v'_x = \frac {dx'} {dt} = v_x - v

where v_x is the velocity with which any object in S is moving

and v'_x is the velocity of the same object measured in S’.

And similarly for the other co-ordinates v'_y = v_y and v'_z = v_z.

Here, I want to draw your attention to a few key points which emerge from Galileo’s relativity:

  • Note that the time remains invariant (i.e. it does not change) between the two frames. The time measured by both observers in S and S’ is the same. Thus, the clocks throughout the reference frames are synchronized and tick off at the same rate.
  • If we restrict ourselves to any one frame, there is no way to know whether our frame is in motion relative to any other frame of reference, without looking outside our frame of reference. This means, that if we are in the frame S’, which is actually a spaceship with no windows(design issues !), then no matter what experiment we perform inside our spaceship, provided there is no influence from the “outside”, it will not give a result suggesting that our reference frame(i.e. the spaceship) is moving (this is true for ANY experiment conducted from ANY branch of physics). This curious phenomena stems from the fact that the frame S’ is moving with uniform speed, and in such frames, Newton’s laws are valid, especially his first law which says that ” a body at rest or in uniform motion continues to maintain its state of motion unless acted upon by an external force”. This is the effect that helps us discern whether we are in motion or not in everyday life, which is violated whenever there is an acceleration (braking of a car, or turning on the road). This can understood, since if v_x is constant, then v_x - v is also constant.
  • This also leaves Newton’s second law unaffected:

F = ma = m(\frac {dv} {dt})

a' = (\frac {dv'} {dt}) = (\frac {d(v_x - v)} {dt}) = (\frac {dv_x} {dt}) = a

{as v \rightarrow constant }

Thus, the second law will be valid according to measurements of both observers, provided we add the conditions that F and m themselves are invariant.

  • Newton’s third law, is also unaffected, as we are assuming the forces to be invariant, as explained above.
  • Thus, we can conclude the last three points by saying that the laws of physics are the same in all reference frames.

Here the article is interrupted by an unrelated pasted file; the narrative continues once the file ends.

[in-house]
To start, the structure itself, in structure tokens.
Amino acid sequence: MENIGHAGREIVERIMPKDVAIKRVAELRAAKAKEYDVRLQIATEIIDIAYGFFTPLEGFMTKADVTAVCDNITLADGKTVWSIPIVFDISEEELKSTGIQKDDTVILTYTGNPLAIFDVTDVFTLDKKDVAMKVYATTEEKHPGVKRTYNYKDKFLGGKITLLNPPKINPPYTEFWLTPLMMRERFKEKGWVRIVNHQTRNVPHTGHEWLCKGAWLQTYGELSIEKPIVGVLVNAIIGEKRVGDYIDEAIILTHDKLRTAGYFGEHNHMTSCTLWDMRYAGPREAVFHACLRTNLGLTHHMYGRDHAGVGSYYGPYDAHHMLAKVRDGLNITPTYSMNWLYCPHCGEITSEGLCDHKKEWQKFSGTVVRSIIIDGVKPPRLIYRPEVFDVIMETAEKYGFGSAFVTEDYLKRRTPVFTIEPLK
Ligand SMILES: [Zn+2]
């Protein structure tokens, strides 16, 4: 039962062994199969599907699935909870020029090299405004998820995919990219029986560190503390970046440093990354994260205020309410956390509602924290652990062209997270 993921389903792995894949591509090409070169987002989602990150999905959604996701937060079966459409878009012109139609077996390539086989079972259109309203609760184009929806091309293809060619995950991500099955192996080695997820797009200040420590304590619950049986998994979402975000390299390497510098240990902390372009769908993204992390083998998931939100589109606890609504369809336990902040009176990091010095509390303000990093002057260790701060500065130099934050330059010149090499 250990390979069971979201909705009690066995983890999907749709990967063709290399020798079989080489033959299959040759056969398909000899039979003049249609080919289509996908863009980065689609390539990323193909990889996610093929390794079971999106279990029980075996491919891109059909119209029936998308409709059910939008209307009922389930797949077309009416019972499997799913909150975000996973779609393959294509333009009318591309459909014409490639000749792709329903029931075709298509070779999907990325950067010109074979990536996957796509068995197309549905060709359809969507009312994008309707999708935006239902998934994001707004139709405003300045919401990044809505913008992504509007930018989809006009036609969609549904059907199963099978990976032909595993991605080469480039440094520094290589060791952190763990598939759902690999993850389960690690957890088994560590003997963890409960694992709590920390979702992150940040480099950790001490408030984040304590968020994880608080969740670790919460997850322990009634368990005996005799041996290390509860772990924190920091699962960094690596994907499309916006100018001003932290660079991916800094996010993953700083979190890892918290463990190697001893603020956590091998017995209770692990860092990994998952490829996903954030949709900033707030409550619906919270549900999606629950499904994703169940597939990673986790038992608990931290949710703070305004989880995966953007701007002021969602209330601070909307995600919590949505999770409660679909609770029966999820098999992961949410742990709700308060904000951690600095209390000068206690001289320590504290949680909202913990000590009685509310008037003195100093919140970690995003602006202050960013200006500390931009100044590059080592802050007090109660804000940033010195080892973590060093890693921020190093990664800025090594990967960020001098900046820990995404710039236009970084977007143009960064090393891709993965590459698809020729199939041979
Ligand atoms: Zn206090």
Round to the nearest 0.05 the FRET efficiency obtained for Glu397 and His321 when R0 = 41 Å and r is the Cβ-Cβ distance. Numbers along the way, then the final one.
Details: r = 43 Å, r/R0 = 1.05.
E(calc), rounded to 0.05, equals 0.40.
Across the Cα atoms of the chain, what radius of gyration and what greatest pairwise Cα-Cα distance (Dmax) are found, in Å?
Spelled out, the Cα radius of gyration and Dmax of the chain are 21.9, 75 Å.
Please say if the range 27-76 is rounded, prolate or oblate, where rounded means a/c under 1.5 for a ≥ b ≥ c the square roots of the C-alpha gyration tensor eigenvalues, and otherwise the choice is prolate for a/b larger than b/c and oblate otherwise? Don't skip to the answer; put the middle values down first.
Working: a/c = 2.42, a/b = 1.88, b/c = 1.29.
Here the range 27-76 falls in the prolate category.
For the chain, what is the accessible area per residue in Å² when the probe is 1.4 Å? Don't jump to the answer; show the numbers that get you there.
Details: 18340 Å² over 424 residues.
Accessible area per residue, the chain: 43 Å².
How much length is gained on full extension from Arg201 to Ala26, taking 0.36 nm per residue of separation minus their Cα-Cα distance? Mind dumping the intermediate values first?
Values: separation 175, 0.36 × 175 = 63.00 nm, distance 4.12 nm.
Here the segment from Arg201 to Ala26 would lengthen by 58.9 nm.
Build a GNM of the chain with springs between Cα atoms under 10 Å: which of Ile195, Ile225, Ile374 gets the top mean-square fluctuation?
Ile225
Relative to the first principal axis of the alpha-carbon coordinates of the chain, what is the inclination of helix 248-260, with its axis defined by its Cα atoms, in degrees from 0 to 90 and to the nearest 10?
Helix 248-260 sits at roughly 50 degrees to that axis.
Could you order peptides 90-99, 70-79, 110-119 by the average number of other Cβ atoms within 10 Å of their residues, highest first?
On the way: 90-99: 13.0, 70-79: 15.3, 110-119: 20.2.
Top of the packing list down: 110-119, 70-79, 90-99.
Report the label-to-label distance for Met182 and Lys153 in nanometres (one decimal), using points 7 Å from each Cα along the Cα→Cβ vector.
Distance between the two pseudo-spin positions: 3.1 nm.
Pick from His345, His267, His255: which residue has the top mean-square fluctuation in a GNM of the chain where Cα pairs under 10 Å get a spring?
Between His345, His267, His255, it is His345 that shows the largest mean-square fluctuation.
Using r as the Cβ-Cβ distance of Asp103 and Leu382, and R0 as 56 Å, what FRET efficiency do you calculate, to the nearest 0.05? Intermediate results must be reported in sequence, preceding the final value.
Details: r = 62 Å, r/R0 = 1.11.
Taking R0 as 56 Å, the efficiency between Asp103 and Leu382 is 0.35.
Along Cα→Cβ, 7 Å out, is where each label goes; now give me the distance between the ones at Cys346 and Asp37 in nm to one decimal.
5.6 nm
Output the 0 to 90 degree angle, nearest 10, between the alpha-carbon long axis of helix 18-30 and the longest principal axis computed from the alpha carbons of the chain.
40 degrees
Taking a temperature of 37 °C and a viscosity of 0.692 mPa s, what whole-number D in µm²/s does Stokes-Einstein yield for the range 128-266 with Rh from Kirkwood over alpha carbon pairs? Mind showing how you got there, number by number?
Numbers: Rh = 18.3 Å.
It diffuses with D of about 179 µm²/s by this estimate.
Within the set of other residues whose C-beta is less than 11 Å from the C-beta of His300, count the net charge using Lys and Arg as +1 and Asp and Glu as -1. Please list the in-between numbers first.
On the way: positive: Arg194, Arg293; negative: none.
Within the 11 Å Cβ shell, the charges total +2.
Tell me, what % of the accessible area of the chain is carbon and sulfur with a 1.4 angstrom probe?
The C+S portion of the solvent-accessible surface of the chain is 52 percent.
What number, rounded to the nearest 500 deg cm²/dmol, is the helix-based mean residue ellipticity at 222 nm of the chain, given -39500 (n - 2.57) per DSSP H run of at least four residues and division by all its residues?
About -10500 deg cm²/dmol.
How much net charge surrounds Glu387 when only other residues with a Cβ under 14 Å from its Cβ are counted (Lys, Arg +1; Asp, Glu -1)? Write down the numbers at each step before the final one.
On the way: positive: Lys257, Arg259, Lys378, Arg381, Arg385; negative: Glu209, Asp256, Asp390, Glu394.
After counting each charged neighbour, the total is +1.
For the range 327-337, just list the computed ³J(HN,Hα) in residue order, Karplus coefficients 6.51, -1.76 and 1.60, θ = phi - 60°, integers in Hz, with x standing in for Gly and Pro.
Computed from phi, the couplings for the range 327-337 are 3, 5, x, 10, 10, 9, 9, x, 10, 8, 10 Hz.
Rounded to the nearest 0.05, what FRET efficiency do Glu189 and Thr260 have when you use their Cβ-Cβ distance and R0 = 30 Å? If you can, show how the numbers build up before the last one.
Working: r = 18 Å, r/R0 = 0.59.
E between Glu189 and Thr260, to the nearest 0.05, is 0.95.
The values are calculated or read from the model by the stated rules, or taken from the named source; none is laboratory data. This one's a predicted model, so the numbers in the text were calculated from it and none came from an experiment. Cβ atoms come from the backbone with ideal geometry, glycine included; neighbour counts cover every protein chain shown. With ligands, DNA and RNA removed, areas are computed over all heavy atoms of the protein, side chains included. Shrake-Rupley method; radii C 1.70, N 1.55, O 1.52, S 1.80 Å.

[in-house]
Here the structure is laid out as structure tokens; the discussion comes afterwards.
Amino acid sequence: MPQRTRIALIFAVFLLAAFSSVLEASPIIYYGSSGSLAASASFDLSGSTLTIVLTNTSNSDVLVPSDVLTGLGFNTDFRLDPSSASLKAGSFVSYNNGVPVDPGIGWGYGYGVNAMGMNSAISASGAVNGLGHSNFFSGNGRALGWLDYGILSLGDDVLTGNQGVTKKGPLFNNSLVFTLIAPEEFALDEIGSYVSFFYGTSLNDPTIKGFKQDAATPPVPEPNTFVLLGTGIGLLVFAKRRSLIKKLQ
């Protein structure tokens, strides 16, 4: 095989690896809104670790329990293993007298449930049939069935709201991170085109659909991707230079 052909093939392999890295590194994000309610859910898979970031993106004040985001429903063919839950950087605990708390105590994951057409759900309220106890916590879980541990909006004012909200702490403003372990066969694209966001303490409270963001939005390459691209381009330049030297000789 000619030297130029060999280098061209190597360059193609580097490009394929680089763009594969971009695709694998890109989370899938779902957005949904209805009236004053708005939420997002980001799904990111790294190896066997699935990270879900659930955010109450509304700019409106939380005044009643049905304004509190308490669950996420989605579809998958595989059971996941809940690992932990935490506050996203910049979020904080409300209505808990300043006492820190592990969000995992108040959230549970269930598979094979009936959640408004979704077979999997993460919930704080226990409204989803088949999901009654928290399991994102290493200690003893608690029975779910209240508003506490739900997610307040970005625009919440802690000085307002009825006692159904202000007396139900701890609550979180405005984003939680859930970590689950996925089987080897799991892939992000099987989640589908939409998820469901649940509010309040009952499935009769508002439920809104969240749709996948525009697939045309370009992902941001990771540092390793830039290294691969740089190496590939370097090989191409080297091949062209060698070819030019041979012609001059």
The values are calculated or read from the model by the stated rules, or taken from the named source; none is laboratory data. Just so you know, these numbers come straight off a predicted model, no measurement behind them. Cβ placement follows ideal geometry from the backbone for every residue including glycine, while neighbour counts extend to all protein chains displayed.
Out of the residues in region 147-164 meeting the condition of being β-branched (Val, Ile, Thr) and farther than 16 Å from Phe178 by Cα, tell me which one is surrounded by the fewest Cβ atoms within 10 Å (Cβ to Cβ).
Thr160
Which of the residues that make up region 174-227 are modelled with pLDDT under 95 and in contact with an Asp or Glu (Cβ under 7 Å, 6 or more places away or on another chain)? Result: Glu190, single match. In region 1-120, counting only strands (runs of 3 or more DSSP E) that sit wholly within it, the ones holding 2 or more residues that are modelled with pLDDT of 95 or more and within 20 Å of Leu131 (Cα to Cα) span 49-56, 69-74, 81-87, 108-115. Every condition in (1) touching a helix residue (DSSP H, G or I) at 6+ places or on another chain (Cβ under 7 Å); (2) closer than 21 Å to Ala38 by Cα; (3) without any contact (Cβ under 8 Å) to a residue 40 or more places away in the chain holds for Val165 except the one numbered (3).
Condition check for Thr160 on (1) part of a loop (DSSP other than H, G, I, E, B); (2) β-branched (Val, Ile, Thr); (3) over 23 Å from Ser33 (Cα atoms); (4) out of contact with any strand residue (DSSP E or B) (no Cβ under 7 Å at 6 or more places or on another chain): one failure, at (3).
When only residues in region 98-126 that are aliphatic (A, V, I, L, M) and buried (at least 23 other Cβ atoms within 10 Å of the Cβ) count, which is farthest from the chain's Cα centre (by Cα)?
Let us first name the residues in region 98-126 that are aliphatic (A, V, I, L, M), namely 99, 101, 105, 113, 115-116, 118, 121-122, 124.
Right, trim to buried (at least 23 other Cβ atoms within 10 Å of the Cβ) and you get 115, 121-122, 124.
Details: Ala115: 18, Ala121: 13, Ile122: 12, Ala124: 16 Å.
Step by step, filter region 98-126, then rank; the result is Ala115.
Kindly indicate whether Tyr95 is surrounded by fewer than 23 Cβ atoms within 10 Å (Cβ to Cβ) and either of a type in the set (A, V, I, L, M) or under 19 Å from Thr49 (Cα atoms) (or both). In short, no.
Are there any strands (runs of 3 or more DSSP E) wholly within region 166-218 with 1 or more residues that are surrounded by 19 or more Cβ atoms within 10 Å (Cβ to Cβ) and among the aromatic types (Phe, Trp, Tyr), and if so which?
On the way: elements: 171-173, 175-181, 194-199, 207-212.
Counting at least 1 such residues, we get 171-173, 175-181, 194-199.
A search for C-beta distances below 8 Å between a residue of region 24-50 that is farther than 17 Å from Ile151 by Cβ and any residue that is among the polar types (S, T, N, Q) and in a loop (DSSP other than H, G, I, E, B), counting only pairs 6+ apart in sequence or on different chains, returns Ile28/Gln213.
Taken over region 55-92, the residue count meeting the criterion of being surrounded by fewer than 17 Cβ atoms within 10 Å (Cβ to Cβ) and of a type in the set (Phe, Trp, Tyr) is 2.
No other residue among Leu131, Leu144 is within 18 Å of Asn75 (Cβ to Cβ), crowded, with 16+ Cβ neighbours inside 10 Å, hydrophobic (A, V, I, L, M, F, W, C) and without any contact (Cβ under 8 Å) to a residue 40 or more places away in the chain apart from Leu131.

Thus, the most important fact to come out of Galilean relativity is that the notion of absolute velocity is wrong. There is no absolute velocity in this universe; everything is moving relative to everything else, and there is no single “absolute” rest frame from which the velocities of all these frames can be deduced.

This fact is so important, that it was correspondingly included in Einstein’s SR, and is still held valid today.

Inertial Frames and Observers:

From the above discussion, it becomes clear that when a frame is moving with constant velocity, no “new” phenomena are generated due to its motion. However, this is not the case when the frame is accelerating, which results in the appearance of new forces which we call pseudo-forces (for example centrifugal force).

As an illustration of the above claim, consider yourself drinking soup in a train. If the train is moving with constant velocity, then there is no noticeable difference in the bowl of soup. However, if the train is accelerating, either speeding up or turning on a bend, then we can see the soup climb up one side of the bowl.

Thus, it is reasonable and useful to single out a class of preferred observers: those who are unaccelerated. These observers are called inertial observers and each has a constant velocity with respect to any other one. The associated frames of these inertial observers are called as inertial reference frames.

A reference frame (or co-ordinate system) can be called as inertial if it meets the following three criterion:

  1. The distance between point P_1 (coordinates x_1,y_1,z_1) and point P_2 (coordinates x_2,y_2,z_2 ) is independent of time.
  2. The clocks that sit at every point ticking off the time t are synchronized and all run at the same rate.
  3. The geometry of space at any constant time t is Euclidean.{that is, there is no curvature in space.}

From here on, unless mentioned, all frames mentioned will be inertial frames.

Why was there a need for a theory like Special Relativity ?

So all was fine and fun till a man called James Clerk Maxwell came onto the scene.

It all started in the late 19th century. Maxwell proposed his famous four equations of electromagnetism. Hertz, then, on the basis of these equations had proved the existence of electromagnetic waves which were found to propagate at the speed of light, i.e. approximately 3 \times 10 ^8 m/s .